A rebound in Permian oil and gas permitting, along with a lift in the Haynesville and Marcellus shales, lifted the Lower 48 count in July to a three-year high, according to state and federal data.


The “midsummer boost” compiled by Evercore ISI analysts, found that permitting overall rose by 707 month/month (m/m) and was 63% higher year-to-date. Permian permitting increased by 273 from June, up 22%. 

“July’s permitting levels increased from May 2020 (plus 25%) and 2021 (plus 81%), but were still lower from 2017 to 2018 by 22% on average,” the analyst team led by James West noted. Haynesville permitting increased by 137 m/m, or 54%, while Marcellus had 132 more permits than in June, or up 111%. Permitting in the “smaller plays” rose overall by 152, or 54% from June.

“Losses over the month were somewhat muted,” the analysts said of July. Denver-Julesburg Basin permits dropped by 49, or 54% m/m.The Powder River Basin saw a decline of 38 permits from June, down 17%.

After permits are pulled, it usually takes operators three to six months to move equipment and begin development. For the week ending last Friday (Aug. 19), the U.S. rig count eased one unit lower week/week to finish at 762, according to Baker Hughes Co. (BKR). The 762 active domestic rigs compare with 503 rigs running in the year-earlier period, the BKR numbers showed, which are based partly on data from Enverus.

The Permian accounts for 40% of the total permits issued in the United States, followed by the Eagle Ford Shale, with a 13% share, the Evercore analysts noted. 

Following a 13% decline in June m/m, Texas overall saw permits in July jump by 272 permits, or 16%, driving overall growth. New Mexico followed, up 111 m/m or 66%, with Louisiana at 108 permits, which was 94% higher than in June. Utah also reported an increase, with 89 permits recorded in July, which was 356% higher m/m. 

Wyoming permitting last month fell by 49, or 18% from June, while Colorado was off by 48, or down 67%. There also were declines in North Dakota, down by 19 or 20% m/m; Alaska, down by four or 22%; and Arkansas, down also by four or 40%.

Strengthening Texas Jobs Picture 

Meanwhile, energy-related jobs are seeing an uptick, according to the U.S. Bureau of Labor Statistics. The government agency reported a 1.6% increase in exploration and production jobs for July, which was about 21% higher year/year and close to 14% year-to-date.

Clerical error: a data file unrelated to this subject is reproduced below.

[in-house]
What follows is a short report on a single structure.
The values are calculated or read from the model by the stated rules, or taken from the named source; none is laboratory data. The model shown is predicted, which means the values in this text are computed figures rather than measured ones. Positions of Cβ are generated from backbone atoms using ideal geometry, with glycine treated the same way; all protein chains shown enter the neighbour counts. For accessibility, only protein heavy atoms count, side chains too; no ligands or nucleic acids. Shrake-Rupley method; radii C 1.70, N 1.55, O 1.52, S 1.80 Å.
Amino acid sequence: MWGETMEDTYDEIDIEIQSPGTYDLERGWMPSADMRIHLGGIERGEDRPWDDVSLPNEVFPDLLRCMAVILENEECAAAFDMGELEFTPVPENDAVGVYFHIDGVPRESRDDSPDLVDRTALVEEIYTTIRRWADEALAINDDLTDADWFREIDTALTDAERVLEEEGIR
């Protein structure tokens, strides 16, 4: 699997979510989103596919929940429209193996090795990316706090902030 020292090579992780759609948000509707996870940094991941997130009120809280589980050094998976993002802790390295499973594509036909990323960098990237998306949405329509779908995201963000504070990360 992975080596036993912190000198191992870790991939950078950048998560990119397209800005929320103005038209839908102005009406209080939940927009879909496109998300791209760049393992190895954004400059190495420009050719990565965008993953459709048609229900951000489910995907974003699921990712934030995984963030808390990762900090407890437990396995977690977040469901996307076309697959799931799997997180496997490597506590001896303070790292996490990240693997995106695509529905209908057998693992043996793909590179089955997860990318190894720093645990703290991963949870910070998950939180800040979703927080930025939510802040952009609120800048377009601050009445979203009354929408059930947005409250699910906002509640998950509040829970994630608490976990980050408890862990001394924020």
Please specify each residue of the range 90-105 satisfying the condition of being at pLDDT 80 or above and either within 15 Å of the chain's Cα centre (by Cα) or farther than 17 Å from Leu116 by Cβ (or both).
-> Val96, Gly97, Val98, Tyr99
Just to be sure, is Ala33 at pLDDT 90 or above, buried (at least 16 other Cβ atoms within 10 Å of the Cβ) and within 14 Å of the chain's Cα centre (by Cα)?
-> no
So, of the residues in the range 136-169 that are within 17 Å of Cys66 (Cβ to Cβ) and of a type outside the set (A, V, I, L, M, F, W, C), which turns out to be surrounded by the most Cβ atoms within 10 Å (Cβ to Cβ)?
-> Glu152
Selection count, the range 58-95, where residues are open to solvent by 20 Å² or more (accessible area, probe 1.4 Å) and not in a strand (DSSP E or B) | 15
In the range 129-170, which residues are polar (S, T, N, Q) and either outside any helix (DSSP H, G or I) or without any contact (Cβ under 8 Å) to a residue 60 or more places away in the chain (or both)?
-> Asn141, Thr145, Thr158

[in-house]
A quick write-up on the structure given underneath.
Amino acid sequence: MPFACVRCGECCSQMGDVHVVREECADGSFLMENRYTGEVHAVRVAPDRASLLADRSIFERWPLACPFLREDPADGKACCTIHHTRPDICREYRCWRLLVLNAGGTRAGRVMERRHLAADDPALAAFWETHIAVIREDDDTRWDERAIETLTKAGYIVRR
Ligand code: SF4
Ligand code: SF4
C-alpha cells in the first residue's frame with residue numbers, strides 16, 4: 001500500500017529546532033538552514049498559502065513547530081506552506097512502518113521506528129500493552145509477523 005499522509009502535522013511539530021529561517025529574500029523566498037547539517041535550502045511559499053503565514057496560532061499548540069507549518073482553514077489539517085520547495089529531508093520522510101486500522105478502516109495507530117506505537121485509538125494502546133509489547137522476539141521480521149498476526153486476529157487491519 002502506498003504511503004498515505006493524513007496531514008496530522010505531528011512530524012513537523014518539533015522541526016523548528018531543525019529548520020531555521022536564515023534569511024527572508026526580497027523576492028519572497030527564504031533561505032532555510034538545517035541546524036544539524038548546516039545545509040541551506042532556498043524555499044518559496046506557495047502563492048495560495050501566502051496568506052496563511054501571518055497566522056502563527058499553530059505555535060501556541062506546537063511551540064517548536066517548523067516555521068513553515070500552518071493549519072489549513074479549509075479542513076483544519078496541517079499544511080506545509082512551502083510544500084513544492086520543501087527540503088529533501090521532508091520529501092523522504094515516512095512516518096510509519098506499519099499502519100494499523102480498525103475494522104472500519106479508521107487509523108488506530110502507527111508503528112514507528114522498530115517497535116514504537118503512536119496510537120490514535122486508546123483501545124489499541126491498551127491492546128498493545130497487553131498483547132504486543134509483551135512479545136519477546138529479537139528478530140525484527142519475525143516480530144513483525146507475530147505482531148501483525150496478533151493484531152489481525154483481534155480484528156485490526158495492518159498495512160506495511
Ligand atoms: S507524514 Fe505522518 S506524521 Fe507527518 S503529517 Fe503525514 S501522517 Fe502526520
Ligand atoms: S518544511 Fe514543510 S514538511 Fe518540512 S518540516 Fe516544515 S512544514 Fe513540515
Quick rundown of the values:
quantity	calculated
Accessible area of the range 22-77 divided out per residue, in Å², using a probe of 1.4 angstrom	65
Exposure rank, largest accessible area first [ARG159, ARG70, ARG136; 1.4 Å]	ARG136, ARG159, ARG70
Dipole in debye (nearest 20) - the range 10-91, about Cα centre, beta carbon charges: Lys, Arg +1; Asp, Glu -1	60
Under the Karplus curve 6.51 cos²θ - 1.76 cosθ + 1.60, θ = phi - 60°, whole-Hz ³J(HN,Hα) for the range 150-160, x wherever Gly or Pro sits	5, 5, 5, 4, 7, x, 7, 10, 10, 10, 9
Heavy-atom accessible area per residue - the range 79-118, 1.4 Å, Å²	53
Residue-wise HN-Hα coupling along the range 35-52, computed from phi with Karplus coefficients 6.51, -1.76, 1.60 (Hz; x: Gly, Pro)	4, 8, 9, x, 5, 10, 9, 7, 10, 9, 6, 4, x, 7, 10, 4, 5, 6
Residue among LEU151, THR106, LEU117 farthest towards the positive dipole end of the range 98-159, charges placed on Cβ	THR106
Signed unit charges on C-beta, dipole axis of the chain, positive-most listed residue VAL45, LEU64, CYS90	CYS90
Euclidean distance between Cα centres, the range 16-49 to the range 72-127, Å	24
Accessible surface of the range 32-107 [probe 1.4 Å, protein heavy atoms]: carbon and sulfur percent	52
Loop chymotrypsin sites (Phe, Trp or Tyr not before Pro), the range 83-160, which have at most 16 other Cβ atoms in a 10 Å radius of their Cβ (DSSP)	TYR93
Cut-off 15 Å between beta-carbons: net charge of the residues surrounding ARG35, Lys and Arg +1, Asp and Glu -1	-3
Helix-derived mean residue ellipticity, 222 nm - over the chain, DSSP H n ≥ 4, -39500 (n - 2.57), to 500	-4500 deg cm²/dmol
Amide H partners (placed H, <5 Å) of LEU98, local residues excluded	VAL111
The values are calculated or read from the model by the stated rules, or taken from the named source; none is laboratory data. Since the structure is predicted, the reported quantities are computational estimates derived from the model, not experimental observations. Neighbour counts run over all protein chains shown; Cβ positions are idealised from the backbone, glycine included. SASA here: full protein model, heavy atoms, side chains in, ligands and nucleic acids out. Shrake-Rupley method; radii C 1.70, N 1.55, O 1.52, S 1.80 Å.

According to the Texas Independent Producers and Royalty Owners (TIPRO), direct upstream employment in the state during July totaled 202,800, an increase of 6,800 from June.

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“Texas upstream employment in July 2022 represented an increase of 35,400 positions compared to July 2021, including an increase of 8,600 in oil and natural gas extraction and 26,800 jobs in the services sector,” TIPRO noted. 

Unsurprisingly, the Houston metropolitan area, which is the center of the state’s energy industry employment, added 2,000 upstream jobs in July over June, for a total of 68,800 direct positions.

“Houston metro upstream employment in July 2022 represented an increase of 11,000 jobs compared to July 2021, including an increase of 5,200 in oil and natural gas extraction and 5,800 jobs in the services sector,” the industry group noted.

There were 13,614 “active unique jobs postings for the Texas oil and natural gas industry in July, an increase of nearly 10% compared to June numbers,” it said. 

“The growth in July upstream employment once again illustrates a high demand for available talent in-line with increasing levels of exploration and production activities in the state to meet growing energy needs here and abroad,” said TIPRO President Ed Longanecker. “Despite this growth, Texas operators face numerous challenges, including workforce shortages, supply chain disruptions and growing concerns over policy decisions coming from Washington, DC.”

Texas Oil & Gas Association President Todd Staples said the state’s job growth “is good news, because these high quality jobs support hundreds of thousands of Texas families and contribute directly to our nation’s energy security and our state’s economic might.”
Since the September 2020 low point in employment, the state’s energy industry has added 45,800 upstream jobs, averaging growth of 2,082 jobs per month, Staples noted. “At 202,800 upstream jobs, July 2022 jobs were up by 35,400, or 21.1%, from July 2021. July’s employment topped 200,000 jobs for the first time since March 2020.”